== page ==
Saturday, October 15, 2011

Controversial Holidays

There is a school district that's been on the local news lately.  They don't allow their students to celebrate Halloween in school.  I know, there are a lot of districts that no longer allow Halloween celebrations because of its connection to witchcraft, which many believe is too controversial and offends the beliefs of others.  It's something that teachers have had to be careful about.

But it's not just about Halloween.  The students at this school have been told they can't celebrate Columbus Day and Thanksgiving as well!

Check out the news clip on eliminating fall holidays!

OK, I realize that Columbus was as little shadier than we learned while we were kids.  But he was a key factor in exploration and the Europeans settling in the new world.  He's part of our history.

But....Thanksgiving?  How can giving thanks be offensive to people?  Are turkeys offensive to people?  Or is it the cranberry sauce?

Honestly, it's the celebration of these fall holidays that keep the spirits up!  We are so burdened with "teaching to the test" and Core Curriculum and NCLB and AYP... I could keep going, but I won't!   We need these holidays to have something fun for the kids to enjoy while practicing their skills.  Brain research indicates the need to keep learning fun and keep the interests of the learner in the picture.

Just an example: Search Halloween at Teachers Pay Teachers and you'll notice 1,118 results.  Most of these are directly related to curriculum areas such as reading, math, and written language.  (Check out this gem:  Halloween Packet by yours truly.)

What do you think about giving up Columbus Day, Halloween and Thanksgiving?  I'd love to hear your opinion!
Sally

7 comments:

  1. Honestly, I think it should be left to individual teachers to decide what is best for their particular group of children...most teachers are sensitive to these issues. However, if a school district is going to step out there and ban two holidays, then I feel they should just go ahead and ban all of them, otherwise it makes no sense to just ban two or three. If Thanksgiving is offensive to some, then I don't see how Christmas or Valentine's Day isn't also. I guess I am just astonished at how easily people pick and choose what they find wrong. As I said before (concerning my opinion), I feel it should be left to the teacher's discretion- as long as they are respectful of diversity and not making kids feel excluded.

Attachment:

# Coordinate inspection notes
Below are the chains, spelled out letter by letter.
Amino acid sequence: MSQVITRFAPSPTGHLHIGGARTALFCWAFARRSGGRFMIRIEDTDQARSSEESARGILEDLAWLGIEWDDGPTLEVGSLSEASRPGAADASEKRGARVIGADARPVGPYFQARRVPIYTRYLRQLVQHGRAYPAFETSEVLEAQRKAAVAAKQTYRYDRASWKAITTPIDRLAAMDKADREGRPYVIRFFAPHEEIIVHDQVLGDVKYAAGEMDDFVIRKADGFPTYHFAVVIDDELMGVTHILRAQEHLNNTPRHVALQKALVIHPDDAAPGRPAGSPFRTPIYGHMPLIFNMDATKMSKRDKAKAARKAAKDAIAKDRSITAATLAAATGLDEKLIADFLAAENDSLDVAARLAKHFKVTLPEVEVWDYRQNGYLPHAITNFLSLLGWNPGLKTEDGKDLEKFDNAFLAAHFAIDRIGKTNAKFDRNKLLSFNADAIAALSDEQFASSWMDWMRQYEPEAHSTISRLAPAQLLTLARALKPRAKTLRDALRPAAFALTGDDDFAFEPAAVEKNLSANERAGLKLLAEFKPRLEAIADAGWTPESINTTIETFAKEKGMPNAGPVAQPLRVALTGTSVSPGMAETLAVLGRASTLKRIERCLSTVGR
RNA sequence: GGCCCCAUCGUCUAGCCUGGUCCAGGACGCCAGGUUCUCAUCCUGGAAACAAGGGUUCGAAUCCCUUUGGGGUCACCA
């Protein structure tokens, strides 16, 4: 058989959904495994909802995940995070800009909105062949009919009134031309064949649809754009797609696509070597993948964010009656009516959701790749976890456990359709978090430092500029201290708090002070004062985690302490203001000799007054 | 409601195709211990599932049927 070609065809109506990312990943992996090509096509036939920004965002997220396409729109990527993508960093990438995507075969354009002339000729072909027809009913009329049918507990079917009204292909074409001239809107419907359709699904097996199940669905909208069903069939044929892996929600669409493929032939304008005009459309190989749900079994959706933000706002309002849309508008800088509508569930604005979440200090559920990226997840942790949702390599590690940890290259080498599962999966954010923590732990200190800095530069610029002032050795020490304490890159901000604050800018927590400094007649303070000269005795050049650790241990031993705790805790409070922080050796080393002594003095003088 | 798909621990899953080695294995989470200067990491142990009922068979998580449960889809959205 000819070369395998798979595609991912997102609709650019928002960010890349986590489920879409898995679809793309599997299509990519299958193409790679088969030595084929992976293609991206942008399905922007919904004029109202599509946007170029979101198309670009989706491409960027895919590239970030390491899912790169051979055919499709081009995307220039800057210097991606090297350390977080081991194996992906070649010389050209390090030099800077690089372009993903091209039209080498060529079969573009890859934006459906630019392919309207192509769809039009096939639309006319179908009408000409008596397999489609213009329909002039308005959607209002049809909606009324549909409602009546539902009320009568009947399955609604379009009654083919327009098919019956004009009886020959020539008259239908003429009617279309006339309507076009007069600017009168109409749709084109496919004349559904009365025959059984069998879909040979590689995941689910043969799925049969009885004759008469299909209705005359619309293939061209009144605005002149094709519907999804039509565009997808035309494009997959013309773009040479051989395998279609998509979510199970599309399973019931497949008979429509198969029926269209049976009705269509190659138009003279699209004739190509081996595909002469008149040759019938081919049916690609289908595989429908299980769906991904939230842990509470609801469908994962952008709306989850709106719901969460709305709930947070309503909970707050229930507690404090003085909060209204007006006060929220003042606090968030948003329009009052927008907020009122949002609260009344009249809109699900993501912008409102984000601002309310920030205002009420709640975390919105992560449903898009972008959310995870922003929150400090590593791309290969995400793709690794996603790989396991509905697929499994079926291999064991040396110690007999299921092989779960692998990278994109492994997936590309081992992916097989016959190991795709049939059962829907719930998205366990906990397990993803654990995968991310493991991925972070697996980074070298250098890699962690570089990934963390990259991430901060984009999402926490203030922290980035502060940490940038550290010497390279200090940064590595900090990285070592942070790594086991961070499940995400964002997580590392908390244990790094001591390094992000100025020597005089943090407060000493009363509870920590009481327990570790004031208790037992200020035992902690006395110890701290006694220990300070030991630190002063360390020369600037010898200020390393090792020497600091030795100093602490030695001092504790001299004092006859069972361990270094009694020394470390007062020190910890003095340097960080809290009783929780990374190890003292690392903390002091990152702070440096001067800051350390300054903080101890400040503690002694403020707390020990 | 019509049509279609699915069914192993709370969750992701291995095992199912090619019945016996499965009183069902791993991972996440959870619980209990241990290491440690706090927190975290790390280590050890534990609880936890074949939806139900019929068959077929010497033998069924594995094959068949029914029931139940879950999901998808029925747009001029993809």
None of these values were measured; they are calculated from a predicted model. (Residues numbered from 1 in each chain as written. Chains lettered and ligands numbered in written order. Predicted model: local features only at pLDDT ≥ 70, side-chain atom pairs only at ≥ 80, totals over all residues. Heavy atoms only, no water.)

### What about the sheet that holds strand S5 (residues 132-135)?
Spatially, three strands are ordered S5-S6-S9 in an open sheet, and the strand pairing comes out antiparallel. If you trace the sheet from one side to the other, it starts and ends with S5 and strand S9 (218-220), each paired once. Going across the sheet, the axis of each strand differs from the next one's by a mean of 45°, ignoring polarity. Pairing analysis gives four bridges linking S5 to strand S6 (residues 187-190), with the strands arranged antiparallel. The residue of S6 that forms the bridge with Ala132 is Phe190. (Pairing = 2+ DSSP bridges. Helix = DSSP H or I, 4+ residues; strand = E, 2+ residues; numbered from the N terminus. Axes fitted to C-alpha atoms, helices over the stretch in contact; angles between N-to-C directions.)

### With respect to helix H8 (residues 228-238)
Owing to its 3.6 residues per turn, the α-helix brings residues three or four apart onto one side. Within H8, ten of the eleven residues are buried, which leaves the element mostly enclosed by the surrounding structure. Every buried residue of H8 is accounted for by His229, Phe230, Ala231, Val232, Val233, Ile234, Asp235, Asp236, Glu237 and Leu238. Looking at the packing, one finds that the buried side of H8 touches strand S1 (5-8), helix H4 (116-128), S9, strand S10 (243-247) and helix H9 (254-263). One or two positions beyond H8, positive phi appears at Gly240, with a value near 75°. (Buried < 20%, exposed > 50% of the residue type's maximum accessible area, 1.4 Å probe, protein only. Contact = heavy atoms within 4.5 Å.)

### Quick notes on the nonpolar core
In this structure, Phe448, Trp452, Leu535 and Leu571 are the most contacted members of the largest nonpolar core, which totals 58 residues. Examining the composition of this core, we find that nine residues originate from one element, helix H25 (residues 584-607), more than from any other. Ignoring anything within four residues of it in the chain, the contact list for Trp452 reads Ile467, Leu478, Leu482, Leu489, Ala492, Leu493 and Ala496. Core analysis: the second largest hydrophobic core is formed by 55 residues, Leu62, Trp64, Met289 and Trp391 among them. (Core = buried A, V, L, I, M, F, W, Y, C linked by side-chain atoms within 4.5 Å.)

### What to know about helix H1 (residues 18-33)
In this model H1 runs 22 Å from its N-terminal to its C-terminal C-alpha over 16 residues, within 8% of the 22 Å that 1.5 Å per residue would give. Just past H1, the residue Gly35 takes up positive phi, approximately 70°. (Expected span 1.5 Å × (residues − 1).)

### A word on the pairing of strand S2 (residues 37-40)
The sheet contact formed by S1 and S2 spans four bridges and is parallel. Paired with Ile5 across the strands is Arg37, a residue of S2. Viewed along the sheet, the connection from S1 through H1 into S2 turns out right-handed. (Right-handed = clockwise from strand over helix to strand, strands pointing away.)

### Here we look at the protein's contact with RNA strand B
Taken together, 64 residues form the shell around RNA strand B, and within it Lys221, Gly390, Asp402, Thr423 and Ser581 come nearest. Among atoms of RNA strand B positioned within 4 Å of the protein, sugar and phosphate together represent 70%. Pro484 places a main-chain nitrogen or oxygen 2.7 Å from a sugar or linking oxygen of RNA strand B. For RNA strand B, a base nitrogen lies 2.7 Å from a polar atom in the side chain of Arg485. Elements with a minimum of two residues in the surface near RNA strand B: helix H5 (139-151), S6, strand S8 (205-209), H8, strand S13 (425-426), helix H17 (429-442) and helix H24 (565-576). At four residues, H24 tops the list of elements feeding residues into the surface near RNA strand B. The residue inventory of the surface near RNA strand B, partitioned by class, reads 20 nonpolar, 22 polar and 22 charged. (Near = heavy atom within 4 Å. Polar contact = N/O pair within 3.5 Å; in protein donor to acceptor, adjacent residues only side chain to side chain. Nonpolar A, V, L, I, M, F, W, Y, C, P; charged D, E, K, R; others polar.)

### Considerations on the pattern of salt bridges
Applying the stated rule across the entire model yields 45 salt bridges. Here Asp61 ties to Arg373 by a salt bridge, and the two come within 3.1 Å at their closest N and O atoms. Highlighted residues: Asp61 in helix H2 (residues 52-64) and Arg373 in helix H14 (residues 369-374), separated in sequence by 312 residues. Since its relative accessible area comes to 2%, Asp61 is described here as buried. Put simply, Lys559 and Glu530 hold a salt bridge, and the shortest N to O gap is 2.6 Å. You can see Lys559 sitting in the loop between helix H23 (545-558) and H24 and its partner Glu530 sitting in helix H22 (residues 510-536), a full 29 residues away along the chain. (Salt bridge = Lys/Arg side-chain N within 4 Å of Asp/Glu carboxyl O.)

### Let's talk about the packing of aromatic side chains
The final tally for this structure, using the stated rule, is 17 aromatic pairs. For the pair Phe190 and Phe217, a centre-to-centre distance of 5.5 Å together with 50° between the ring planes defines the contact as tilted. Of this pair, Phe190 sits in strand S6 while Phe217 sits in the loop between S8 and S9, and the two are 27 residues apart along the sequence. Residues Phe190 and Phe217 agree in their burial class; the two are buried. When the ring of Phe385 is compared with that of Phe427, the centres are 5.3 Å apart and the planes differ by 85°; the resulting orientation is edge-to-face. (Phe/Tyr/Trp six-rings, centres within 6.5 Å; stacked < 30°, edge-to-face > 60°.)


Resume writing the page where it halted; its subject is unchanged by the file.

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  2. I feel that as diverse as our country is, as long as there is fair representation it should be up to teachers and their particular class grouping to decide. Our school doesn't celebrate Halloween (no witches, jack o lanterns etc) but yet we will have a storybook character parade and we take off for Rosh Hashanah! How does that make any sense?

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  3. Jennifer, I agree, teachers should decide what is best for their group.

    I still haven't figured out how Thanksgiving is offensive to anyone!

    Sally

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  4. Sandy, that's funny that you do Rosh Hashanah, but not Halloween! I wish my school could have a character parade. Kids love to dress up, and what could be better than making story characters come alive?

    Sally

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  5. where i live, the schools don't celebrate any holidays because of religion issues. we have a fall party and a winter party. even at that, we don't do much for any parties because they want to focus on learning instead of having parties. i think it's kind of crappy, to be honest.

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  6. Jess, I agree, the kids need a party just for the sake of letting loose. It's not in anyone's best interest to work all the time! There is a need for some celebrating!

    Sally

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  7. At the school where I teach there has been a lot of discussion on this topic recently. We have decided that we will still do a lot of celebrations in school ,but not "holiday" celebrations. We will find fun and creative ways to celebrate topics of study and achievements in academics. Lately there has been a lot of focus on attendance goals, so we will be celebrating those as well.

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